30% this is the last first-past-the-post election? by priestess (4.00 / 1) #13 Fri Feb 12, 2010 at 05:31:36 PM EST
Oh, I like those odds. Though I know you're not a fan.

Or do you think a lib/lab coalition wouldn't change that?

Chat to the virtual me...

Less than 30% by TheophileEscargot (4.00 / 1) #17 Sat Feb 13, 2010 at 06:00:32 AM EST
The bill only promises a referendum: it would have to pass that too.

First, it's in the Labour party's interests if the referendum fails. Second, the referendum will take place at a time when a bickering coalition is raising taxes and slashing spending: that may put voters off the idea of coalition government. Third, referenda are often used by the voters to punish unpopular leaders: the prospect of another five years of Gordon Brown will aggravate some people.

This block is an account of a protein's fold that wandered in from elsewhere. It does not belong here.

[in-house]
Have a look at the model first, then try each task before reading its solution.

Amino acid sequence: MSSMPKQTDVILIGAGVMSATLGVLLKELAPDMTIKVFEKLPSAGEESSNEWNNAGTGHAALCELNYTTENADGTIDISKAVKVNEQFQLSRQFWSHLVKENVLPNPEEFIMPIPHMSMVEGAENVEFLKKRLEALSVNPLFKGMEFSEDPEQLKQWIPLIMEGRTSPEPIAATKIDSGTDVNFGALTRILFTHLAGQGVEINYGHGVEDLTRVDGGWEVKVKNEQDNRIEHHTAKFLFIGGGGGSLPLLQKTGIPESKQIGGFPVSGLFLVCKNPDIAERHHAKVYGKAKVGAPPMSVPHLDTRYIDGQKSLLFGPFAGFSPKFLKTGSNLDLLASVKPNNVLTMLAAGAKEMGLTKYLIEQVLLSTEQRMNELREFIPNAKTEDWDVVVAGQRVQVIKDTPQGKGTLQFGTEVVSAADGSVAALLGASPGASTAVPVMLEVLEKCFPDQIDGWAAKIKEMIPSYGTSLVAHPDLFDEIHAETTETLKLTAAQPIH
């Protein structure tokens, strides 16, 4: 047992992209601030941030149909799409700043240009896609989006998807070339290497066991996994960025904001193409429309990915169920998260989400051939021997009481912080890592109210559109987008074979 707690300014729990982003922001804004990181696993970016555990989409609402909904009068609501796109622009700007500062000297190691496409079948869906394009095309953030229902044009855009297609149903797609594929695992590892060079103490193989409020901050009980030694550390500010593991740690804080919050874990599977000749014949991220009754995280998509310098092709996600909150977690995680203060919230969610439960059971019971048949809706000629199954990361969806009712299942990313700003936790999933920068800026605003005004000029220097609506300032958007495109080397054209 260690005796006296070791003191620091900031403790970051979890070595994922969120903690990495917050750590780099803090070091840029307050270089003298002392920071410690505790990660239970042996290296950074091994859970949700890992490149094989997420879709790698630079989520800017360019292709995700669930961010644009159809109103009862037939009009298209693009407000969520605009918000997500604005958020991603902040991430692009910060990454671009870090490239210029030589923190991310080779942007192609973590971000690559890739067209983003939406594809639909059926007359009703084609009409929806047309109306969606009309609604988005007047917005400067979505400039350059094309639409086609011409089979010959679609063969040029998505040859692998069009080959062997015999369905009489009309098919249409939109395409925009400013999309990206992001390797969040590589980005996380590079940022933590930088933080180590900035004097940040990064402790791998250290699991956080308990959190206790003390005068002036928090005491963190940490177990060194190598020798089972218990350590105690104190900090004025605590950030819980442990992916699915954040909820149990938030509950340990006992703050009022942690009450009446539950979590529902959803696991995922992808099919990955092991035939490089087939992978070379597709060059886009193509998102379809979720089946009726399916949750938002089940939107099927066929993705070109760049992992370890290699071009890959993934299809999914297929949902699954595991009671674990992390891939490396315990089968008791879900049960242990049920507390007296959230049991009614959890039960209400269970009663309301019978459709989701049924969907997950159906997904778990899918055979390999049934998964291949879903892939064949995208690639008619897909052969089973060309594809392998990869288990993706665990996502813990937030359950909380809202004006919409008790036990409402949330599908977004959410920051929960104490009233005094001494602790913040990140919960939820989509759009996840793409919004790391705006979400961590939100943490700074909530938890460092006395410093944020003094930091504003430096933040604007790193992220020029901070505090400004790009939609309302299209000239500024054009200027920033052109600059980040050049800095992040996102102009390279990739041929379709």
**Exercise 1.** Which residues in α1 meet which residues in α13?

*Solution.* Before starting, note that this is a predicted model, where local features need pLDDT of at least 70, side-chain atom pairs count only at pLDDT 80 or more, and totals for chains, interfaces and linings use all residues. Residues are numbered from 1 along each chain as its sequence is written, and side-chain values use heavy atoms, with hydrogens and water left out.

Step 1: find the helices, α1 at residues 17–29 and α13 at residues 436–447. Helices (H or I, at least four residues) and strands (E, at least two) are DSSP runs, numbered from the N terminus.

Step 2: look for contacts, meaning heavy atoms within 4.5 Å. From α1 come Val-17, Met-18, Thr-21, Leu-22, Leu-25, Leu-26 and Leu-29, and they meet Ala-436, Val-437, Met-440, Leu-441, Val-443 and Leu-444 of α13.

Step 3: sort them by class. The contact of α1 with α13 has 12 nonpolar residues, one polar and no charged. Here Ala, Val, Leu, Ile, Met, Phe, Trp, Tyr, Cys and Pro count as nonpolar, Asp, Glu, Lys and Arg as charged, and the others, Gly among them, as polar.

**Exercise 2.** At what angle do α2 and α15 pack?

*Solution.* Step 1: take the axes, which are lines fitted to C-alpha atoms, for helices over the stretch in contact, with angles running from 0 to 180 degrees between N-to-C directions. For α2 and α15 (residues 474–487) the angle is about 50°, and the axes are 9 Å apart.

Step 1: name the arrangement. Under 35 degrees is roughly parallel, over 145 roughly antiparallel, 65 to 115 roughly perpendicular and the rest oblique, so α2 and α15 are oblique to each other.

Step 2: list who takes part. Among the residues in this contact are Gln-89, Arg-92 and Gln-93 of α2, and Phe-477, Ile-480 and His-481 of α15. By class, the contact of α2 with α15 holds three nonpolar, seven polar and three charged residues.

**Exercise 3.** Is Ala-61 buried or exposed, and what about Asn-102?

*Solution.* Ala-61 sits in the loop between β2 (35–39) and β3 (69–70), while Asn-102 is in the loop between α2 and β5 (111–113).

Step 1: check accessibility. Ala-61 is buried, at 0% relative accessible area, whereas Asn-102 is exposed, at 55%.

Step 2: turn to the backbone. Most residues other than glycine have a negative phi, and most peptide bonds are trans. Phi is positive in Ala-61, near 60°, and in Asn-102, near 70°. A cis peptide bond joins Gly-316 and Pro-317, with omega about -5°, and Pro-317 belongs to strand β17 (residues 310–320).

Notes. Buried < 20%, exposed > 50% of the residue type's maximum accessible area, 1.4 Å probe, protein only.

So, I wouldn't count on the referendum passing.

Also, in the first AV parliament, there's nothing to stop Labour and the Conservatives combining to change it back to first past the post, with or without a referendum. The change wouldn't necessarily be permanent.
It is unlikely that the good of a snail should reside in its shell: so is it likely that the good of a man should?

[ Parent ]
BBC Radio 4 by ad hoc (4.00 / 1) #14 Fri Feb 12, 2010 at 09:45:29 PM EST
has a new podcast: History of the World in 100 Objects.

It's pretty good.

Winter is Coming | 24 comments (24 topical, 0 hidden)